I was intrigued by the name of this recipe -- what's a sheath got to do with a cake? -- so I decided to find out by baking it the morning News12 in Brooklyn came to do a story on the blog. This cake was so easy to put together that by the time reporter Heather Abraham knocked on my window (our doorbell was stolen -- don't ask!), the cake was already in the oven. But luckily, I still had the frosting to make.
This cake recipe , probably from the 1950s, was in the Texas recipe box I purchased from eBay. The most interesting thing about it besides its name (more on that later), is that there is no shortening or butter in the cake. It's a precurser to that trend a few years ago when people were substituting applesauce and/or prune puree for butter in a misguided attempt to produce a guilt-free, fat-free dessert.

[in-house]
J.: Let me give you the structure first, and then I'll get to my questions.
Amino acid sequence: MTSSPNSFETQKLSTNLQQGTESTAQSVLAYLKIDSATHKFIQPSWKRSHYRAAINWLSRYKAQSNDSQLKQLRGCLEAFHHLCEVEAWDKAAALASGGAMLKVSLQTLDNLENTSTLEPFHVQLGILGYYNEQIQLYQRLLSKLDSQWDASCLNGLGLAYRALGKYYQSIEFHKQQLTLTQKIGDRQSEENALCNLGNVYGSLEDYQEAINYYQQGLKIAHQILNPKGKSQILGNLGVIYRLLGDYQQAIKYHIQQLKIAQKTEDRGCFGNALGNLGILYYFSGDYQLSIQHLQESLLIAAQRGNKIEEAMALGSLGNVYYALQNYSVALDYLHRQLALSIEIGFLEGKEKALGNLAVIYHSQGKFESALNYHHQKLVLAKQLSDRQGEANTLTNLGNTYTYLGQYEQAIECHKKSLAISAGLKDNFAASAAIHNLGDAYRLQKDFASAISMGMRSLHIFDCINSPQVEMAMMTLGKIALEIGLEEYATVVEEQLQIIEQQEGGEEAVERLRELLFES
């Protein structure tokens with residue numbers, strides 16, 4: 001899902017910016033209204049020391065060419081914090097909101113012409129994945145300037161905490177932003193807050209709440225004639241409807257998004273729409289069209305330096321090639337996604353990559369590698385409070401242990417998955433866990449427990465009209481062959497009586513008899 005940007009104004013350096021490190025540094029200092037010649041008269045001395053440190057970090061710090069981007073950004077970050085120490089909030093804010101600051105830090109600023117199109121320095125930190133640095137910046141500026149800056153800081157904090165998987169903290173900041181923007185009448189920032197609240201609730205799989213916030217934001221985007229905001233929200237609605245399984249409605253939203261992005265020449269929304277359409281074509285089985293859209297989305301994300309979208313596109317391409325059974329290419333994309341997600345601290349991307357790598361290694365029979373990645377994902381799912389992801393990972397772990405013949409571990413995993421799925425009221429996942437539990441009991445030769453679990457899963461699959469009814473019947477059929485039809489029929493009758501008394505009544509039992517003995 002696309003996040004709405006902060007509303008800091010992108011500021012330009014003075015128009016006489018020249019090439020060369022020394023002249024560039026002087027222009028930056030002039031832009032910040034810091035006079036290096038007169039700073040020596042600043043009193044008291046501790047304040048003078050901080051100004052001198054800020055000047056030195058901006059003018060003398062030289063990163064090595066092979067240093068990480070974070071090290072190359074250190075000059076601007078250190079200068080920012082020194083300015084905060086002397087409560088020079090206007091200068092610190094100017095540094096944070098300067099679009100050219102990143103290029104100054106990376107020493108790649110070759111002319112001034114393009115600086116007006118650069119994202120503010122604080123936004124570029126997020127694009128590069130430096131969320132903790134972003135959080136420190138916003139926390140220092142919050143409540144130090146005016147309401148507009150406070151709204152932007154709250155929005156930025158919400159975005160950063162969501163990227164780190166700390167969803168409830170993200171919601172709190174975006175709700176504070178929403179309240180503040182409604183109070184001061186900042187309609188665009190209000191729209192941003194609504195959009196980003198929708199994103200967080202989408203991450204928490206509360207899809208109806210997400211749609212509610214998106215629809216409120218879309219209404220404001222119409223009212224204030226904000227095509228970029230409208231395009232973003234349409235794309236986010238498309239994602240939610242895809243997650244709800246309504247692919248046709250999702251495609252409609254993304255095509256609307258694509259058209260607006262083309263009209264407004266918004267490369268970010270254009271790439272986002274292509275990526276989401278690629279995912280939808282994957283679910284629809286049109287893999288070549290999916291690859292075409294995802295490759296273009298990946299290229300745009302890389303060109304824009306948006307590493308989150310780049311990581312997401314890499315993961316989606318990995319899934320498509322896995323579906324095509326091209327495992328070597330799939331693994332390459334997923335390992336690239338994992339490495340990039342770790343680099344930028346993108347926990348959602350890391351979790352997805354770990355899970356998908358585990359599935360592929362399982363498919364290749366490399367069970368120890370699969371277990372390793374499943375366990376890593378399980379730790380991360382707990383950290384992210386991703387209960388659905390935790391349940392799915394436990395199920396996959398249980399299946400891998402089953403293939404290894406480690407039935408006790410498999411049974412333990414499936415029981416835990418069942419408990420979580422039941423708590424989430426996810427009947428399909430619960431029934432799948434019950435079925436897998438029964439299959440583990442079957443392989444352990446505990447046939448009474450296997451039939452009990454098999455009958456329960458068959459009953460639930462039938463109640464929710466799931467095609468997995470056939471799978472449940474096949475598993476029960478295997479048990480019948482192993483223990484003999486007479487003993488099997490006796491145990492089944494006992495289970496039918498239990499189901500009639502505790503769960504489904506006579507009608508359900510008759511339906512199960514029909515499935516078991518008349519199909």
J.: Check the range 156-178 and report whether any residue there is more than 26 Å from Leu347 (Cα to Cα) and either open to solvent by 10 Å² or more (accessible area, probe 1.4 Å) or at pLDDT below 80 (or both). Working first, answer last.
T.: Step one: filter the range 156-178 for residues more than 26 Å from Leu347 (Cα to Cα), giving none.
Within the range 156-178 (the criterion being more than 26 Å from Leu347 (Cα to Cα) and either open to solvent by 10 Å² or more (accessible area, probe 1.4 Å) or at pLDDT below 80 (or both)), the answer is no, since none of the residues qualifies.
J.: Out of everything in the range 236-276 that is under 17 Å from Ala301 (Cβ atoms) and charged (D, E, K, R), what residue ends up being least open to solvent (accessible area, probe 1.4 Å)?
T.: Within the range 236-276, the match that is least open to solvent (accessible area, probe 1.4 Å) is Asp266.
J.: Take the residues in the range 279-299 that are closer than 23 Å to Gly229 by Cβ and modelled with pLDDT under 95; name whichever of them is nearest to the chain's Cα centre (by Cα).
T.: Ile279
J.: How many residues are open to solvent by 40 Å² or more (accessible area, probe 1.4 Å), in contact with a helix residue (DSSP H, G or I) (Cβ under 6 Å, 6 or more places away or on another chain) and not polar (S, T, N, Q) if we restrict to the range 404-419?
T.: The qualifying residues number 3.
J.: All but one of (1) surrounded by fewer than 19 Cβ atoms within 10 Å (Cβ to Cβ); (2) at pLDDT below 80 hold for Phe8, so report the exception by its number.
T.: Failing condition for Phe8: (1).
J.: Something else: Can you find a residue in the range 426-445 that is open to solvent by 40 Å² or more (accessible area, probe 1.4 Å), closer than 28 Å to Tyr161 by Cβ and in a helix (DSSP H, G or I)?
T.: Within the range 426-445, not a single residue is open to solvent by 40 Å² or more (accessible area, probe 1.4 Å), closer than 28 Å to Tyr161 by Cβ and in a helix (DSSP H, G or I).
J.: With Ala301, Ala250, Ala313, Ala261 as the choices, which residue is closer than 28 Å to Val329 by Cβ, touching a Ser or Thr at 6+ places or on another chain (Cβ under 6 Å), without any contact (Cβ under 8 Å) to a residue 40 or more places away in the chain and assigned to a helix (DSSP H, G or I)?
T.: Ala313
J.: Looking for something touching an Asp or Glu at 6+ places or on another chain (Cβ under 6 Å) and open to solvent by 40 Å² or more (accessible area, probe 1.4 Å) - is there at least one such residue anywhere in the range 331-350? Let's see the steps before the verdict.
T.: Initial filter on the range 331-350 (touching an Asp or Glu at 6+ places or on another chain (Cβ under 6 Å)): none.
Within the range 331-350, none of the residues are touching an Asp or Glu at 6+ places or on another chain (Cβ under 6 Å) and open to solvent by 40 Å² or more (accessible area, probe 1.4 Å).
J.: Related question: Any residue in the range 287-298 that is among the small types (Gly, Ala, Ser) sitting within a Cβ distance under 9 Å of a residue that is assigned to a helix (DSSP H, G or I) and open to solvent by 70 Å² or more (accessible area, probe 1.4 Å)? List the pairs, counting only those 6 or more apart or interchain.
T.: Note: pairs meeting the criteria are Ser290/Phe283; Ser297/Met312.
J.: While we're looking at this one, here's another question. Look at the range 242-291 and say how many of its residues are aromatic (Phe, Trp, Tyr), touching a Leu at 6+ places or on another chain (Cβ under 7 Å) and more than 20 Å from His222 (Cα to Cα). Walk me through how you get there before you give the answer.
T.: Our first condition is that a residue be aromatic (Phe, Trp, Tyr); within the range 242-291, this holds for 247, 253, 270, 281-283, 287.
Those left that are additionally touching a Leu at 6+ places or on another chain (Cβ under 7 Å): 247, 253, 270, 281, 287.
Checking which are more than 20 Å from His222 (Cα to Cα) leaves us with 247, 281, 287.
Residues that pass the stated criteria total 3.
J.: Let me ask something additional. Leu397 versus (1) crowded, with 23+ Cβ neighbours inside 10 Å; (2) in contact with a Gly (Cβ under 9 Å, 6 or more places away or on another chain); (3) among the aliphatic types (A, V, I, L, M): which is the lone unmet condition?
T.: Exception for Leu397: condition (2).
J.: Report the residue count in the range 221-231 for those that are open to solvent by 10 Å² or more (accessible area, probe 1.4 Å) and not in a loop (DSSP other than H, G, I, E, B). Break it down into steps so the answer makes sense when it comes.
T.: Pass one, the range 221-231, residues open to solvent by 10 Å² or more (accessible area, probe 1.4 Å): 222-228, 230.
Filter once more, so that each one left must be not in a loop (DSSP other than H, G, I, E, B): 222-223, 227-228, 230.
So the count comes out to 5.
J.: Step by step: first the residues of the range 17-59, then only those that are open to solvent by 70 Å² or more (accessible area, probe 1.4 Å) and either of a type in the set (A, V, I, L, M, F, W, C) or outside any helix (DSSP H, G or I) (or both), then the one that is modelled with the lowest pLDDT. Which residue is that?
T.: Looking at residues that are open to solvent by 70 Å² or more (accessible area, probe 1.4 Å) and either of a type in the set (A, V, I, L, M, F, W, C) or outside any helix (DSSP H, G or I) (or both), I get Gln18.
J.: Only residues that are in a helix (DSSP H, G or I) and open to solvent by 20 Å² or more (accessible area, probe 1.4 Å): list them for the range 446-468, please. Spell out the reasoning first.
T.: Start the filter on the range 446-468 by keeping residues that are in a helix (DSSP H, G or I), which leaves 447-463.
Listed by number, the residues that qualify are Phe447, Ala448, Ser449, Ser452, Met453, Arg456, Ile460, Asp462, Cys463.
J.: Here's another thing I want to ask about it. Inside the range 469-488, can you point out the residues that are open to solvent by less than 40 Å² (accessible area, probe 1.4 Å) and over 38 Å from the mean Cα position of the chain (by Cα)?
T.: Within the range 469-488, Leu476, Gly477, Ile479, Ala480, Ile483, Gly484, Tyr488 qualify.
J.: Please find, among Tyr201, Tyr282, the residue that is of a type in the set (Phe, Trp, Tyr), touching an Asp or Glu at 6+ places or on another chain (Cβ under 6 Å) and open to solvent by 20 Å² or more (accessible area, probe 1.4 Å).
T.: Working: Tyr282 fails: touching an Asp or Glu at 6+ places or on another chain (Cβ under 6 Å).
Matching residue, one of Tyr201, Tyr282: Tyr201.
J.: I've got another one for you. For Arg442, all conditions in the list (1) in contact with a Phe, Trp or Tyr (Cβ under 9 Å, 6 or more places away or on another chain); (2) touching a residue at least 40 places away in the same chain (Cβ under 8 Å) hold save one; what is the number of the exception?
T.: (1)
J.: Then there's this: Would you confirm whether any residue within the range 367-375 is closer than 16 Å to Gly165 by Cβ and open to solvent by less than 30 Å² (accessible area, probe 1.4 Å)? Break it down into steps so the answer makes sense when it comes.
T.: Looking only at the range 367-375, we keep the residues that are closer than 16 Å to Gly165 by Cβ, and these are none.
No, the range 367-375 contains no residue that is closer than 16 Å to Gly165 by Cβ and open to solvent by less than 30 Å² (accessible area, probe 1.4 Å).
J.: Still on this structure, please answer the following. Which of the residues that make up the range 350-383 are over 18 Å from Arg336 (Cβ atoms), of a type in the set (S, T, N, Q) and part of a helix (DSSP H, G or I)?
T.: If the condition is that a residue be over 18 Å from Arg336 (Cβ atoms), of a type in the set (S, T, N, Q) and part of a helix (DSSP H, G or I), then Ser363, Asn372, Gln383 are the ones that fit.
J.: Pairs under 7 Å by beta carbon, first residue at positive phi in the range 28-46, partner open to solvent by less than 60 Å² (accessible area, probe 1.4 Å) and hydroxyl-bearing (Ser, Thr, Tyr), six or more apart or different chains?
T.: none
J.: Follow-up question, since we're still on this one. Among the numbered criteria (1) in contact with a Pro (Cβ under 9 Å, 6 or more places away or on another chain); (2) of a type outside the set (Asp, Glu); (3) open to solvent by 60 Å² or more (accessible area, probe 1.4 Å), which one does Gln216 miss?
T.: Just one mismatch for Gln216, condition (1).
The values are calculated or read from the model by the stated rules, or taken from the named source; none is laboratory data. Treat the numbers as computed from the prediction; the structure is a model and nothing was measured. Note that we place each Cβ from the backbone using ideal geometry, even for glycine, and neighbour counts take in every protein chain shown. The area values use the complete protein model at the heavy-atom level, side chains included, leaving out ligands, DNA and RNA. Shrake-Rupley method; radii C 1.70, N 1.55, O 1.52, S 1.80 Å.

Still, it was a pretty tasty cake, was plenty moist and had the requisite creamy nutty topping that DH desires. And Heather (seen here reporting this breaking story) emailed me later that the cake she brought back to the station disappeared within minutes. (I didn't get too worked up about that. You see, DH is a journalist and, thanks to him, I realize they are akin to locusts and will eat virtually anything related to food -- especially if it's free and put in front of their faces.)
A bit of research revealed that the term sheath cake first appeared in the 1950s and that today most food historians believe that "sheath" is another pronounciation of sheet (which first appeared in the early 1900s). Could it be a Texas malapropism or, as one source suggested, the pronounciation when people have poor fitting dentures? Or as another suggested, perhaps the word "sheet" is "too close to something that can't be printed here."